Rides 9/23 & 9/24: the bike commutes I did on those days

For a few years, I rode a Surly Cross Check to work and if you asked me what kind of bike you should buy if you didn't have a bike and wanted a bike that you could ride to work and/or also do pretty much anything else with, I'd say to you 'why are you asking me? and why are you hiding in the bushes outside of my house?' but then before going back inside and phoning the authorities I'd say 'buy a Surly Cross Check because it's the kind of bike that you can ride to work and/or also pretty much do anything else with it' because I'm a polite person who answers questions, even when asked from the bushes, and also because it's my genuine and true opinion. I've had the pleasure of riding the Cross Check again for the past few days and I've taken it on the C & O Canal path and it's been a blast. I've temporarily removed the fenders and put on knobbier tires and I'm having an altogether wonderful time pretend I'm riding fast and with verve and adventuresomely, none of which is true, but in any case, at the end of the day, the thin chalky patina of kicked up dirt that clings to the black frame serves to belie the truth, allowing me to substitute my preferred, false version of 'extreme' off-road riding for the more banal truth of plodding along a glorified dirt path most frequented by the senior citizens  Ward 3 and their walking sticks and Irish Setters.

Normally when I ride this way, I end up taking a certain road up a certain hill and I can get to work with minimal incident because the hill that way isn't so bad. Yesterday, I tried a different road from normal and today I tried a different road from that because you start doing things to spice things up when you've bike commuted a long time in mild acts of rebellion against monotony and repetition. Lowell Street (no, not the Lowell Street by the Cathedral and not the Lowell Street in Wesley Heights, but the one over in the Palisades, between MacArthur and Loughboro) is a nasty stinger of a hill that was far more than I wanted, but these are the costs you pay when you decide to mix things up. Don't ride Lowell Street. Actually, strike that. Ride Lowell Street. Ride every hill. Just go up every hill once. Just to remind hills who's the boss. Oh man, now I'm thinking of a The Hills/Who's the Boss anachronistic crossover episode and I can't help but wonder if Mona would've steered Heidi clear of Spencer, but we'll never know because 1) those shows didn't have a crossover episode because they were on at different times and 2) one of those shows was totally fictional. The other starred Judith Light.

Oh, I'm going to interrupt whatever the hell that just was to wish a L'shana Tovah to any and all Jewish readers! Thanks for reading!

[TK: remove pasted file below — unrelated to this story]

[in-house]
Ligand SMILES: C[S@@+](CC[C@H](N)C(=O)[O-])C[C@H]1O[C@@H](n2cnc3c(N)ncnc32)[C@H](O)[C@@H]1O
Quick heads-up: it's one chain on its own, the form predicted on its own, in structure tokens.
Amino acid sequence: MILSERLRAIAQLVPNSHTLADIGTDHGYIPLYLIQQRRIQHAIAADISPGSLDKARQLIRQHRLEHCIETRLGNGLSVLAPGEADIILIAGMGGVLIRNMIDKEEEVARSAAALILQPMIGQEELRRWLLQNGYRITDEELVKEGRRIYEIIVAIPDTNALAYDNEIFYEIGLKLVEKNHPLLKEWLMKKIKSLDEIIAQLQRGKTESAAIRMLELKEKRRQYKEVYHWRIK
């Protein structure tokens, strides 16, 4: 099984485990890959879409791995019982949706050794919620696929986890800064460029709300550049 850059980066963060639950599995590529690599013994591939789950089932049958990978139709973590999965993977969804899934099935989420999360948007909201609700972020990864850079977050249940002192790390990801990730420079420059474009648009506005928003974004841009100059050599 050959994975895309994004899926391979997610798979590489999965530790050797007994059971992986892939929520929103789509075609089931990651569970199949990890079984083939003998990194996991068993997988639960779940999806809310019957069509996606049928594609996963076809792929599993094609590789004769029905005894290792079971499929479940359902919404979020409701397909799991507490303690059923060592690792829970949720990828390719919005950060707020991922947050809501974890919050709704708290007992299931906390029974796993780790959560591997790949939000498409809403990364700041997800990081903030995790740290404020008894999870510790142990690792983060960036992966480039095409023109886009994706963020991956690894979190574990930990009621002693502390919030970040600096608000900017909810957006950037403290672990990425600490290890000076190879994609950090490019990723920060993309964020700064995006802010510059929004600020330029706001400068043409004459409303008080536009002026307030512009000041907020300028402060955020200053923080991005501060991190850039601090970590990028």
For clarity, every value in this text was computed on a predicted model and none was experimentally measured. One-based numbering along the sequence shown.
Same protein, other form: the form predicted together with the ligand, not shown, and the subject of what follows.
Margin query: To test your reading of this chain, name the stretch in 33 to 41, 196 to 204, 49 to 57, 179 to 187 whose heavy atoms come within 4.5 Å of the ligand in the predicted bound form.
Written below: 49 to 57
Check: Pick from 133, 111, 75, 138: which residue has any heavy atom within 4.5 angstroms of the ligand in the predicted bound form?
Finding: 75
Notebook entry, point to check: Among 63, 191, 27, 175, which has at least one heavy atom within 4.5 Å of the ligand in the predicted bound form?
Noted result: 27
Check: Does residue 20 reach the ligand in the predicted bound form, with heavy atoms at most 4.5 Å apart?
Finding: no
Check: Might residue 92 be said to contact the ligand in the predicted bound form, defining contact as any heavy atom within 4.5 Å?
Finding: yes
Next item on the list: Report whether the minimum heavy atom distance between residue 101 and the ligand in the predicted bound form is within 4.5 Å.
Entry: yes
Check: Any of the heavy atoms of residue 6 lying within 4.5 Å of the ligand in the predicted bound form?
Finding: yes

Yesterday on the way home, under the Whitehurst Freetway, I saw Chris and we chatted for a little bit. We also noticed that there was a police officer standing at the corner and he looked like he might be there to give tickets to bicyclists who declined to stop at the stop sign. There were many bicyclists who declined to stop at the stop sign and while I didn't see him issue any tickets, apparently he did after I left and that's the story about how declining to stop at stop signs directly in front of a police officer might get you a $25 ticket. Now, I'm not necessarily of the opinion that cyclists failing to stop and stop signs necessarily creates a clear and present danger and obviously a cyclist not following traffic laws (per physics) is objectively less dangerous than a driving doing so, though that doesn't mean it is entirely without consequence where there to be a collision. And secondly, I don't necessarily think it's the best use of police resources to deploy an officer to ticket bicyclists. But, with these caveats asides, I think I can safely safe that I've probably seen thousands of cyclists decline to stop at tens of thousands of stop signs and decline to stop at red lights and I think out of all of these people, I've seen one get a ticket. Because she did it directly in front of a police officer. So, in conclusion, even if you think it's really dumb for police to be ticketing bicyclists and even if you think that the idea of cyclists having to stop at stop signs is really dumb and even if you think OMG DRIVERS ARE SO MUCH MORE DANGEROUS AND YOU'RE NOT DOING ANYTHING ABOUT THIS (fun fact: Chris and I heard a cyclist scream as she stopped short to avoid a driver who pulled out of the parking garage without looking. He was not ticketed), if you don't want to risk getting a $25 ticket, you probably shouldn't decline to stop at a stop sign directly in front of a police officer.

I guess they're selling Sting tickets somewhere around here?
Today I rode Pennsylvania Avenue past the double-fenced White House to G Street and then eventually to the C & O. On the way home, I rode down Massachusetts to Q Street to 7th to E and eventually near and around Union Station to the Hill and then home. It started to rain on the way home and this was comeuppance for my fenderless lifestyle.

1 comment:

  1. I'm thinking of replacing my kick stand with a deployable artificial foot that I would use to touch the ground at every stop sign, allowing me to truthfully tell the ticketing officer that I put my foot down.